UBC Faculty Research and Publications

The SALOME study: recruitment experiences in a clinical trial offering injectable diacetylmorphine and hydromorphone for opioid dependency Oviedo-Joekes, Eugenia; Marchand, Kirsten; Lock, Kurt; MacDonald, Scott; Guh, Daphne; Schechter, Martin T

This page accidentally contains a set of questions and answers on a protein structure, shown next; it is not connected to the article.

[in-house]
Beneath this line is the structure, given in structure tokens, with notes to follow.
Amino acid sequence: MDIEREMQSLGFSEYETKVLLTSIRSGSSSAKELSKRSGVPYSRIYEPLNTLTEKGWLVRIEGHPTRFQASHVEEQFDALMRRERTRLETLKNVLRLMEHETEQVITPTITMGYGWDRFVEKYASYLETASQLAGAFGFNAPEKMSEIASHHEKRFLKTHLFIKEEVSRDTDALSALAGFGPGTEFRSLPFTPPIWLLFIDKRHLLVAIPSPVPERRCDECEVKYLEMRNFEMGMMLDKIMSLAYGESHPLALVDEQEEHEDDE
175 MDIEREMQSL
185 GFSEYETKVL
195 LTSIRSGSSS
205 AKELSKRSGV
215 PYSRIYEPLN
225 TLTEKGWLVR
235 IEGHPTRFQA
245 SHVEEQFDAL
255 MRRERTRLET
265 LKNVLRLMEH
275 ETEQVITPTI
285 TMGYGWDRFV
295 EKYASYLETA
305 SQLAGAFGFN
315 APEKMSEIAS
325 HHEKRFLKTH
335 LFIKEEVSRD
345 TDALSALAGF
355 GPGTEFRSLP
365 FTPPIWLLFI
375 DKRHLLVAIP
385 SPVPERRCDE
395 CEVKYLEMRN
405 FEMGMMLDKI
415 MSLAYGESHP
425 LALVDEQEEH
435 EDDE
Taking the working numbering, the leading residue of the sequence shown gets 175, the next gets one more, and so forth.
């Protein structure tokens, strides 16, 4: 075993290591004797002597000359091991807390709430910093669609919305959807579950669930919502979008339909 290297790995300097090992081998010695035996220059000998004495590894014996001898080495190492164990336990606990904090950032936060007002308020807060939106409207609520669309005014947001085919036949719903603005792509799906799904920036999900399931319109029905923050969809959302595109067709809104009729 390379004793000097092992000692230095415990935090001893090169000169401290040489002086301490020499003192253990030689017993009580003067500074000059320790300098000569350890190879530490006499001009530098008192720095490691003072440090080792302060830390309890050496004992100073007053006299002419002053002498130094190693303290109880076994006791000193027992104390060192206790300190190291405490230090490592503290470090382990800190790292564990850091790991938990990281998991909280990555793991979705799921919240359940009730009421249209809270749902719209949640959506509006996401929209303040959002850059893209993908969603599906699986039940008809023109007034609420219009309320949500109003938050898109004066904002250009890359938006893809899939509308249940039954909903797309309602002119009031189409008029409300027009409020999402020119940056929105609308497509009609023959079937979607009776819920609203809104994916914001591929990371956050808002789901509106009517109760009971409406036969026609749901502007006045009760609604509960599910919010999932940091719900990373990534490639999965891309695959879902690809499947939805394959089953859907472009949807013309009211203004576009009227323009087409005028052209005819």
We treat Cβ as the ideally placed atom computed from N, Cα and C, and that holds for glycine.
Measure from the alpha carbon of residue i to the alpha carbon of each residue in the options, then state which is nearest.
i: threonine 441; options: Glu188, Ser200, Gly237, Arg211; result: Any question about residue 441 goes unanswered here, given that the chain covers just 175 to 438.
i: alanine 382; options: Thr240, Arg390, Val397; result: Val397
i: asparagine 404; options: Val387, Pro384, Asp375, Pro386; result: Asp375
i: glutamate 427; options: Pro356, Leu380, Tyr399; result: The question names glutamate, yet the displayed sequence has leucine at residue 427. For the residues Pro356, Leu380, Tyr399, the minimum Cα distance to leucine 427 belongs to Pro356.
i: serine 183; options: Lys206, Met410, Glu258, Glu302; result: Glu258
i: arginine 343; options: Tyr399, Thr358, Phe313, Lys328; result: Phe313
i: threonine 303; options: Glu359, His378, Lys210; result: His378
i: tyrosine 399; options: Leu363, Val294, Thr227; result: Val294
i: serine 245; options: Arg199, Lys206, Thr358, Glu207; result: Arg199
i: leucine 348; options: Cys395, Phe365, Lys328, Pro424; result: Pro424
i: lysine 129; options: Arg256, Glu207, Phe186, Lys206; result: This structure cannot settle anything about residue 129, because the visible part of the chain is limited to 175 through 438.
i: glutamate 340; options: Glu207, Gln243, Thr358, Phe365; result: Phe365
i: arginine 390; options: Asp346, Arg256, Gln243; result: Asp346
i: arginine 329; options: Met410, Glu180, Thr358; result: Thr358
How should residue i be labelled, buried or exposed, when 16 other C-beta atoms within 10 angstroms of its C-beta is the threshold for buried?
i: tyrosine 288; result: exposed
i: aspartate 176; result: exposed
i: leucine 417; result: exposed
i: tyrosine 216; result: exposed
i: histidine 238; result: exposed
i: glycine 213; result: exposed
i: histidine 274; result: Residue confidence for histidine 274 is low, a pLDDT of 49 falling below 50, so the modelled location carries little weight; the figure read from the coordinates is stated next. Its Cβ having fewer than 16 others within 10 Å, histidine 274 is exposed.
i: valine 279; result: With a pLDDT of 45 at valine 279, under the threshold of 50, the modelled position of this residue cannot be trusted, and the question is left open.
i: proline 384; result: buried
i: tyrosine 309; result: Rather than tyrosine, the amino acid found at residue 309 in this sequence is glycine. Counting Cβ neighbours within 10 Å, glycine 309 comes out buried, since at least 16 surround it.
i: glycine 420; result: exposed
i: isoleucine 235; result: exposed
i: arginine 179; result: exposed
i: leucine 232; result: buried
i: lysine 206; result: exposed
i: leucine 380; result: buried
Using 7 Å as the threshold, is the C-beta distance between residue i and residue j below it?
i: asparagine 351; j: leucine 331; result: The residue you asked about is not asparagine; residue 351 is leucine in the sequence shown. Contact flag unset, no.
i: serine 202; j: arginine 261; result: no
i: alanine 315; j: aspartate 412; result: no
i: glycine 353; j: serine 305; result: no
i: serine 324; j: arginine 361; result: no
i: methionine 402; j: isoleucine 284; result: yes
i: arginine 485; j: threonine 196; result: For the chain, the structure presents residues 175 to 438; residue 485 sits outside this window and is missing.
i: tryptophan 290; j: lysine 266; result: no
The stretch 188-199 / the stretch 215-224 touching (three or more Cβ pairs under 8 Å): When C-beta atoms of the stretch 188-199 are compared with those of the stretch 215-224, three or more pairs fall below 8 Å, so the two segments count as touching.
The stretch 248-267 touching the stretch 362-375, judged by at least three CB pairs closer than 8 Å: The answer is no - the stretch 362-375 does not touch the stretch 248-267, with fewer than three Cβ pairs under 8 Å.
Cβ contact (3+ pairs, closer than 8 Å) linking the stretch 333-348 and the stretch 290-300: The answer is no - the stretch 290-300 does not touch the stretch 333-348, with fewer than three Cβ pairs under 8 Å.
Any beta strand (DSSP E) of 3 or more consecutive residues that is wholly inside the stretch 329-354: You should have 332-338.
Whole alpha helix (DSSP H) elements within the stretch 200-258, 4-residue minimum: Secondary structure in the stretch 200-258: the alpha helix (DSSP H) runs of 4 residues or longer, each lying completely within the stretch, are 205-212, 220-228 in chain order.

Background. The Study to Assess Long-term Opioid Medication Effectiveness (SALOME) is a two-stage phase III, single site (Vancouver, Canada), randomized, double blind controlled trial designed to test if hydromorphone is as effective as diacetylmorphine for the treatment of long-term illicit opioid injection. Recruiting participants for clinical trials continues to be a challenge in medical and addiction research, with many studies not being able to reach the planned sample size in a timely manner. The aim of this study is to describe the recruitment strategies in SALOME, which offered appealing treatments but had limited clinic capacity and no guaranteed post-trial continuation of the treatments. Methods SALOME included chronic opioid-dependent, current illicit injection opioid users who had at least one previous episode of opioid maintenance treatment. Regulatory approvals were received in June 2011 and recruitment strategies were implemented over the next 5 months. Recruitment strategies included ongoing open communication with the community, a consistent and accessible team and participant-centered screening. All applicants completed a pre-screening checklist to assess prerequisites. Applicants meeting these prerequisites were later contacted to commence the screening process. Results A total of 598 applications were received over the two-year recruitment period; 130 were received on the first day of recruitment. Of these applicants, 485 met prerequisites; however, many could not be found or were not reached before recruitment ended. For the 253 candidates who initiated the screening process, the average time lapse between application and screening date was 8.3 months (standard deviation [SD] = 4.44) and for the 202 randomized to the study, the average processing time from initial screen to randomization was 25.9 days (SD = 37.48; Median = 15.0). Conclusions As in prior trials offering injectable diacetylmorphine within a supervised model, recruiting participants for this study took longer than planned. The recruitment challenges overcome in SALOME were due to the high number of applicants compared with the limited number that could be randomized and treated. Our study emphasizes the value of integrating these strategies into clinical addiction research to overcome study-specific barriers. Trial registration ClinicalTrials.gov: NCT01447212 .

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